Avis Budget Southern Africa has updated its rental terms and conditions which will come into effect on June 14.
The new terms include changes in authorisation hold amounts and a requirement to present two cards when hiring more expensive vehicles in the Avis Budget fleet.
But agents canvassed by Travel News are frustrated by the new ruling, saying it will put clients off, as many do not own two credit cards.
According to a recent Avis Budget statement, the company now requires the renter to provide two credit cards for the hire of the following vehicle groups:
- Group F – Audi A3 Sedan or similar
- Group G – BMW X3 Sedan or similar
- Group H – Mercedes C Class or similar
- Group I - Toyota Fortuner 4x2 or similar
- Group J - VW Tiguan Allspace or similar
- Group K - Toyota RAV 4 or similar
- Group L - Rav 4 AWD or similar
- Group N – VW T* combi or similar
- Group O – Toyota Avanza or similar
“If a booking is made with a credit card, the card used for the payment and an additional card (Debit card, cheque card or credit card) needs to be presented. One of the two cards used must be a credit card. The primary card will be used to obtain authorisation, while the second card must go through a dip process to ensure that both cards are valid,” said Avis Budget in a statement this week.
The car rental company added that while preferred renters were not exempt from this rule, bookings made on a full bill-back account did not require the renter to present credit cards. President’s Club members, Chairman’s Club members and international renters (inbound customers with an international address and a valid international ID and/or passport) are also exempt from this rule.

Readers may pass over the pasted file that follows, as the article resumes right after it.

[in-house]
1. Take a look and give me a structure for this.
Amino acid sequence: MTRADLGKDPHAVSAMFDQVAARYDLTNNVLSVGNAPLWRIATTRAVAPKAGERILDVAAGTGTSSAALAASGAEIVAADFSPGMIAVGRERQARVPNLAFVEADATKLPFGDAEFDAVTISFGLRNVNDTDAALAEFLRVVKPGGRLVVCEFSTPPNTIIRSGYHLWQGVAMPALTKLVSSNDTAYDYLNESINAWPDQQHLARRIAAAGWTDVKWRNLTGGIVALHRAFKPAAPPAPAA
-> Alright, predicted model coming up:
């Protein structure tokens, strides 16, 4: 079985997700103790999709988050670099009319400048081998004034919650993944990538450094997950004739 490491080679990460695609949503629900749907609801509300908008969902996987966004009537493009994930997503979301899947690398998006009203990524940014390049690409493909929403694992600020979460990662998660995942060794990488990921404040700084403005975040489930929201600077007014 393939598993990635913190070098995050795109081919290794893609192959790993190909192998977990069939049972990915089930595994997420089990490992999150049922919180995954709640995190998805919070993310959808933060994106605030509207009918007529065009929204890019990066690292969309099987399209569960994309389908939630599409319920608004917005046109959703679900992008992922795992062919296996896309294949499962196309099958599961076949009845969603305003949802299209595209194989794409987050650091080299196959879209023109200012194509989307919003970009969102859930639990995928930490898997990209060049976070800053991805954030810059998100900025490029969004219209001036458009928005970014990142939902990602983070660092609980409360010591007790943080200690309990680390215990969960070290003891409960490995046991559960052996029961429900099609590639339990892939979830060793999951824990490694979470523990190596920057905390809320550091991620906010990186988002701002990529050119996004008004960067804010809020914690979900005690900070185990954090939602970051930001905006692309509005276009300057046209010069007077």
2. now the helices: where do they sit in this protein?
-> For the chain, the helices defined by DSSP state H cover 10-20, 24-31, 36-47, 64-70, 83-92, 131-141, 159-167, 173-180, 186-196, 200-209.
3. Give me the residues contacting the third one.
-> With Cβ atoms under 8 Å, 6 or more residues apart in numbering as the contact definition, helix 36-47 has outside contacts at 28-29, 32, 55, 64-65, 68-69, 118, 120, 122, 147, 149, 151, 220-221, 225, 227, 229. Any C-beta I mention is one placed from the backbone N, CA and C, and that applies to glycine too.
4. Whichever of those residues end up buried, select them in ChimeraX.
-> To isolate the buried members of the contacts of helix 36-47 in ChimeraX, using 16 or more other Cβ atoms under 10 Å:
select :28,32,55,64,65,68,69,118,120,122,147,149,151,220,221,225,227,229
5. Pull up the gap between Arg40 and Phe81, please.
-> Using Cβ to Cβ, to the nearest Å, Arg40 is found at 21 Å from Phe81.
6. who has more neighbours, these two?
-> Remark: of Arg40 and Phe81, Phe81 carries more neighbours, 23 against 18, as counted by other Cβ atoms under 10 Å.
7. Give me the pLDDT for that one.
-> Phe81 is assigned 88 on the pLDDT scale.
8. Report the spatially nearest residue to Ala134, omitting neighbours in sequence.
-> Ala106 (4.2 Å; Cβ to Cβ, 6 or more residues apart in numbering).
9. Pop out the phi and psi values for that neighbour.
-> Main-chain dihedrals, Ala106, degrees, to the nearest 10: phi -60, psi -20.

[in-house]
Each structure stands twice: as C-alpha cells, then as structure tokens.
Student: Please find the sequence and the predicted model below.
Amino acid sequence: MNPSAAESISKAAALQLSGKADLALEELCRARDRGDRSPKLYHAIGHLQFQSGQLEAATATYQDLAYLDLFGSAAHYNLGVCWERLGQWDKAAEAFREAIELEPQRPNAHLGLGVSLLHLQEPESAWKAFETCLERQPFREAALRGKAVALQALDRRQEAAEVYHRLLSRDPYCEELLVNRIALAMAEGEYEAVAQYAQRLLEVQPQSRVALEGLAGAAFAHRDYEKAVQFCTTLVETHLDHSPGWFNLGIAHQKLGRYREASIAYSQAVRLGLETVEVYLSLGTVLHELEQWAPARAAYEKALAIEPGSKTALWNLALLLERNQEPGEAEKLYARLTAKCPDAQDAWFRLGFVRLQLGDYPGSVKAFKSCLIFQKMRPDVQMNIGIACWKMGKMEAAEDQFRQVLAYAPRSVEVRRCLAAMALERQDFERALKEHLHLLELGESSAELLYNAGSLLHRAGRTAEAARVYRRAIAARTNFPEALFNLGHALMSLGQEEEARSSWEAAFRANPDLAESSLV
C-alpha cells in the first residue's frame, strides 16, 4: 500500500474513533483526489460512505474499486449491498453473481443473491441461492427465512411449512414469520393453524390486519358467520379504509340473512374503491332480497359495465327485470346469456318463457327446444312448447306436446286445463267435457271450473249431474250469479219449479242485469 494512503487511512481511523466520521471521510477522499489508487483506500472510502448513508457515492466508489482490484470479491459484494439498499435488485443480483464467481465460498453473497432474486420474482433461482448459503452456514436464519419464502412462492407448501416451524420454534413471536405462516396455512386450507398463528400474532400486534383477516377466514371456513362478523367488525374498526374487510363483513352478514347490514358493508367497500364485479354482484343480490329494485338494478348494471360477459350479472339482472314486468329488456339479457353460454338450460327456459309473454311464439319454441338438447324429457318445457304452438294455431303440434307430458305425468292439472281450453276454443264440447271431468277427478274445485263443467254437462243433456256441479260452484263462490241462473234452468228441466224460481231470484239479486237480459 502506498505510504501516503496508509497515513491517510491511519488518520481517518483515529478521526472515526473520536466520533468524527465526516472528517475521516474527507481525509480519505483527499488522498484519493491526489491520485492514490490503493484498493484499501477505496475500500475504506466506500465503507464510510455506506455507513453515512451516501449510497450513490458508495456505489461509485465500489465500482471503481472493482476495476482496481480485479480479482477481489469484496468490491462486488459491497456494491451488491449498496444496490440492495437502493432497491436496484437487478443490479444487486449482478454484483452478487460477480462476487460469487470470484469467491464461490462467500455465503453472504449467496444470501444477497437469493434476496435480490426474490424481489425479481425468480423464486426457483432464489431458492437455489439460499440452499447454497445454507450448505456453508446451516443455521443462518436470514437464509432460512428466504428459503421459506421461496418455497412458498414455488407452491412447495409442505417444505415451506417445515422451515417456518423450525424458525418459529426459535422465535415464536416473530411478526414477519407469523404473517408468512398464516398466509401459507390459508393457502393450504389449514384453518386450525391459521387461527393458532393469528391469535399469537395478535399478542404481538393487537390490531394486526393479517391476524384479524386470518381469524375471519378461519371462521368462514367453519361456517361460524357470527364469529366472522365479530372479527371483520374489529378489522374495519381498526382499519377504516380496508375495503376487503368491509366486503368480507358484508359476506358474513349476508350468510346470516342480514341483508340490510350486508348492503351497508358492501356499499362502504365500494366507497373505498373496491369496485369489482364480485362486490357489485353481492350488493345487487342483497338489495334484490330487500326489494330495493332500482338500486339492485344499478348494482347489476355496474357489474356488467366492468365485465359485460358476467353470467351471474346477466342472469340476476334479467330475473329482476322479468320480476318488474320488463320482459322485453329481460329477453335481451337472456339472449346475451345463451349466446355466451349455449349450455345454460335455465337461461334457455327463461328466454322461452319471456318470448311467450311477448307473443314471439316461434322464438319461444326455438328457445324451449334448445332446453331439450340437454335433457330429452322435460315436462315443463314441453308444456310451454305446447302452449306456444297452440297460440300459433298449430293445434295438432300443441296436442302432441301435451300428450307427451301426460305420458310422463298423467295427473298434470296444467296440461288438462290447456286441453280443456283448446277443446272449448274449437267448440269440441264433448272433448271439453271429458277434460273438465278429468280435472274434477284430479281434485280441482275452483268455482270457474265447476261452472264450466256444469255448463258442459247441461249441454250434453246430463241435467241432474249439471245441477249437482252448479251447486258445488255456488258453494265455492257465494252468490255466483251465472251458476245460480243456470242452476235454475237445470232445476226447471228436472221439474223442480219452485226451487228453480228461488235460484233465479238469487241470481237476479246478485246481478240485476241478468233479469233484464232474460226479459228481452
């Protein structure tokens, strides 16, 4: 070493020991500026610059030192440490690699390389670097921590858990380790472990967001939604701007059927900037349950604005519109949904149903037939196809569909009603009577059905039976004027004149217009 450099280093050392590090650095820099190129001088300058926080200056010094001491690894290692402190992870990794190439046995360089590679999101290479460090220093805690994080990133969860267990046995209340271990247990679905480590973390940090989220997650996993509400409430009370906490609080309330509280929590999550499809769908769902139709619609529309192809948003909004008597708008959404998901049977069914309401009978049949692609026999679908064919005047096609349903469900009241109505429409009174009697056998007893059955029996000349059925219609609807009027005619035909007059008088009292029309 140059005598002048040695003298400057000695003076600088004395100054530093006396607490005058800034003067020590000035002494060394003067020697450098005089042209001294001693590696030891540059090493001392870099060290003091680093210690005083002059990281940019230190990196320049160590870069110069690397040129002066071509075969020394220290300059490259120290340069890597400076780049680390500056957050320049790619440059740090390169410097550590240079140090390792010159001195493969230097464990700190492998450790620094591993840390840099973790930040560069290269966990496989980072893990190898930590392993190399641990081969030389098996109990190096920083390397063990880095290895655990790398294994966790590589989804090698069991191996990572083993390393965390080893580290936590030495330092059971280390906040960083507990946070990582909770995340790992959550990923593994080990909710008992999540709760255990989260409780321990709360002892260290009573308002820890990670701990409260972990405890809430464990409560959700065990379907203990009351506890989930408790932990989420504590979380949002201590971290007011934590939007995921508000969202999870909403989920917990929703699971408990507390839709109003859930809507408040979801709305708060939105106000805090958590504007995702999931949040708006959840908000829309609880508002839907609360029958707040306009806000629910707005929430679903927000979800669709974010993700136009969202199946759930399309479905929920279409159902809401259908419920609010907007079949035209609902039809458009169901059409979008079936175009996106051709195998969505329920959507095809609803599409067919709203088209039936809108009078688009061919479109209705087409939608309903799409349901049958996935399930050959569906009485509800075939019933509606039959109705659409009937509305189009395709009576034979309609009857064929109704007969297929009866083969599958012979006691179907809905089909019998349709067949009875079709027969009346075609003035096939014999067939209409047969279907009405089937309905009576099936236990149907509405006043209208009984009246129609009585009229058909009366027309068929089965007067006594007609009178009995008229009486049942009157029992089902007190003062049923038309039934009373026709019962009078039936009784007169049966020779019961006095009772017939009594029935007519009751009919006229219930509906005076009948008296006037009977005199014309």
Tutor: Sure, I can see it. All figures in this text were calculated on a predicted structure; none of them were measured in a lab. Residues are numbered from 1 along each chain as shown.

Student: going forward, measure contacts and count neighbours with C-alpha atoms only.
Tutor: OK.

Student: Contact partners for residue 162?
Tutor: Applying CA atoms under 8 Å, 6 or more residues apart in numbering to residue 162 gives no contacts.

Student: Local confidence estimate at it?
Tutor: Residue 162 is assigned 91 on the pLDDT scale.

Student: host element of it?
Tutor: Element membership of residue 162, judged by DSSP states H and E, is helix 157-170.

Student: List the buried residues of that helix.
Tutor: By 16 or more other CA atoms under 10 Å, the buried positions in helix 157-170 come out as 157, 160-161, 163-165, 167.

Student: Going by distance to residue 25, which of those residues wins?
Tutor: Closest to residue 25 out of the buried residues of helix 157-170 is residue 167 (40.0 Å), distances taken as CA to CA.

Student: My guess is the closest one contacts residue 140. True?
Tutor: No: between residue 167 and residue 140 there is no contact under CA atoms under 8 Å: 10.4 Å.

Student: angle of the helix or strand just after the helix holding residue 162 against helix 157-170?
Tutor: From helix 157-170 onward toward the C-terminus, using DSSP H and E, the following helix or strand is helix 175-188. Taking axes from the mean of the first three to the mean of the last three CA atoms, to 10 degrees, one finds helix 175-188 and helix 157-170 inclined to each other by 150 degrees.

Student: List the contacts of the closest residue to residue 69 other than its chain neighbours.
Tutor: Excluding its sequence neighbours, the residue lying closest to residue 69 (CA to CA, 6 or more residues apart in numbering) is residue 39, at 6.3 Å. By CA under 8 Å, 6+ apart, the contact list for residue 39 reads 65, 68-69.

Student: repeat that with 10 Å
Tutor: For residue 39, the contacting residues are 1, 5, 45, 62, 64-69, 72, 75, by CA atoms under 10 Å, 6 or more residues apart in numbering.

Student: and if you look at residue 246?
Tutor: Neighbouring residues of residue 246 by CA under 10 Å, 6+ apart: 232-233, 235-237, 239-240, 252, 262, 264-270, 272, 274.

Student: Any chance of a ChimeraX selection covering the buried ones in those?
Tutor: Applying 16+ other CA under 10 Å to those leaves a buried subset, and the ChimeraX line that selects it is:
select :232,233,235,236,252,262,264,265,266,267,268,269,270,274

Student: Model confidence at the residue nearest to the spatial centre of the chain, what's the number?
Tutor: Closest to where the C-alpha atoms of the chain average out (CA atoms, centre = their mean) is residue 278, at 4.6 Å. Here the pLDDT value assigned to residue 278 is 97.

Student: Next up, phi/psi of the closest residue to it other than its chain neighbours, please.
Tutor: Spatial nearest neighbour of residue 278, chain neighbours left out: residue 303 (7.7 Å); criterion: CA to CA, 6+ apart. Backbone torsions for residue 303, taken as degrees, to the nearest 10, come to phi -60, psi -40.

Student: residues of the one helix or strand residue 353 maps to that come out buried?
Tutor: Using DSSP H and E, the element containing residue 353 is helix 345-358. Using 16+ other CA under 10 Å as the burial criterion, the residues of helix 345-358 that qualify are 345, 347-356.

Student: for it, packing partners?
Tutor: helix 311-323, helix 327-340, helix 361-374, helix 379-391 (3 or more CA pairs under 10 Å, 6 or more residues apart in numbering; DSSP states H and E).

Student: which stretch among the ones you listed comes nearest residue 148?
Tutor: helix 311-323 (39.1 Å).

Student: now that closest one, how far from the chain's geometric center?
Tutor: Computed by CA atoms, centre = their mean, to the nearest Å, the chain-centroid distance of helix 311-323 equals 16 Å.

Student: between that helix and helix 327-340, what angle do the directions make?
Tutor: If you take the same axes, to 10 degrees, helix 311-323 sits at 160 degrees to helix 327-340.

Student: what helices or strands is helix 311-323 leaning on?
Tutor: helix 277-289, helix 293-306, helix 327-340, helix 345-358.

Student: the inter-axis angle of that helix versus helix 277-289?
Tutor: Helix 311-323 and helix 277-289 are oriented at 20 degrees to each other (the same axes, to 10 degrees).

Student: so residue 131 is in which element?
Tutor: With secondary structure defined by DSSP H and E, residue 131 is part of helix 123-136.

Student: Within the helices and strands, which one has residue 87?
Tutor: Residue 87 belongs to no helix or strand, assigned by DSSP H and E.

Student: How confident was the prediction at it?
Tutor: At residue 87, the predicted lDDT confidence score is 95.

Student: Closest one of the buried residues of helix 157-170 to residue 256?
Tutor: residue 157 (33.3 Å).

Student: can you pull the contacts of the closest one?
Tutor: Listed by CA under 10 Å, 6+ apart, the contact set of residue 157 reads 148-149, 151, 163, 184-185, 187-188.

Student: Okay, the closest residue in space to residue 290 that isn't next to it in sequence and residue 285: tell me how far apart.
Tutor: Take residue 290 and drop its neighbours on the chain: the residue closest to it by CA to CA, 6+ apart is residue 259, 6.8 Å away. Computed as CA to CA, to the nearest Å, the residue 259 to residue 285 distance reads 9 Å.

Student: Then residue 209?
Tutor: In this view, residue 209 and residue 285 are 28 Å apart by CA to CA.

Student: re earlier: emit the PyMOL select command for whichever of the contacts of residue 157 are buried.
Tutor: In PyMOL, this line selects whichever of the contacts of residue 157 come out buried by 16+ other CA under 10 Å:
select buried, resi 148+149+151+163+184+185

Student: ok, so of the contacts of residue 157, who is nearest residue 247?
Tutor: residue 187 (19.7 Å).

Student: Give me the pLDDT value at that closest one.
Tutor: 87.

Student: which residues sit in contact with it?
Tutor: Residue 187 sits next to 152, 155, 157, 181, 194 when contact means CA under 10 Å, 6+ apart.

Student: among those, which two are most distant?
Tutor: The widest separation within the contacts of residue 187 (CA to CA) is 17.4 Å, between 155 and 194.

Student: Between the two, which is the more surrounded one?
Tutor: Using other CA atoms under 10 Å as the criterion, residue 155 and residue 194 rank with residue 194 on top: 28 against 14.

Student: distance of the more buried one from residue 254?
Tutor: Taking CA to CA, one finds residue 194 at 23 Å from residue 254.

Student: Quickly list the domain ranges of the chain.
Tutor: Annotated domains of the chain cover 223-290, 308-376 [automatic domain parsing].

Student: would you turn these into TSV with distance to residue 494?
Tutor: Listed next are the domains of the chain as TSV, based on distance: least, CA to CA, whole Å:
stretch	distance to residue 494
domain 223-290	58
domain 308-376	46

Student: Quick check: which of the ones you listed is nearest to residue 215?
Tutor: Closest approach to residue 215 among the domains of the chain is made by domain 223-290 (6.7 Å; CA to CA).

“This seems to be an unreasonably off-putting practice as many clients do not have more than one credit card and it is difficult to see how the presentation of two credit cards would make much difference to Avis Budget when handing over a half-a-million rand car,” said ITC Melany Tucker of Mel Tucker Travel.
TAG’s director, Jonathan Gerber, agreed asking how much different the presentation of a second card would make to Avis Budget’s risk mitigation. He commented that the practice would be particularly off-putting to business travellers, who were unlikely to have two corporate credit cards in their names and who would be hesitant to put business expenses through on their personal cards.
While Tourvest Travel Services’ (TTS) ceo Morne Du Preez, also felt that the two card policy had been implemented with little thought to the logistical nightmare that it would create for most clients. Morne added that TTS corporate clients would be exempt from the requirement as their bookings were guaranteed by TTS.
Meanwhile managing director of Marmalade Toast, David van den Heever-Liebenberg, said that the ruling had probably been introduced by Avis Budget due to a significant increase in incidents of damage, theft and credit card fraud and said that Avis’s policy was in line with many of its competitor’s requirements.
“In my opinion a client that is unable to afford the required car hire insurances and deposits cannot afford to hire a car. If the client is involved in an accident they will be liable for this amount anyway and if the car is returned without incident the authorisation amounts on both cards are refundable,” said David.
An April communication from Avis Budget Southern Africa confirmed his view.
“Avis Budget has over the past six to 12 months experienced a significant increase in write-offs, accident damage, third party damage, excess unpaid kms driven as well as a substantial increase in overdue rentals without authorization or payment,” said the car rental company last month, when it advised that it had no choice but to secure upfront guaranteed deposits on bookings.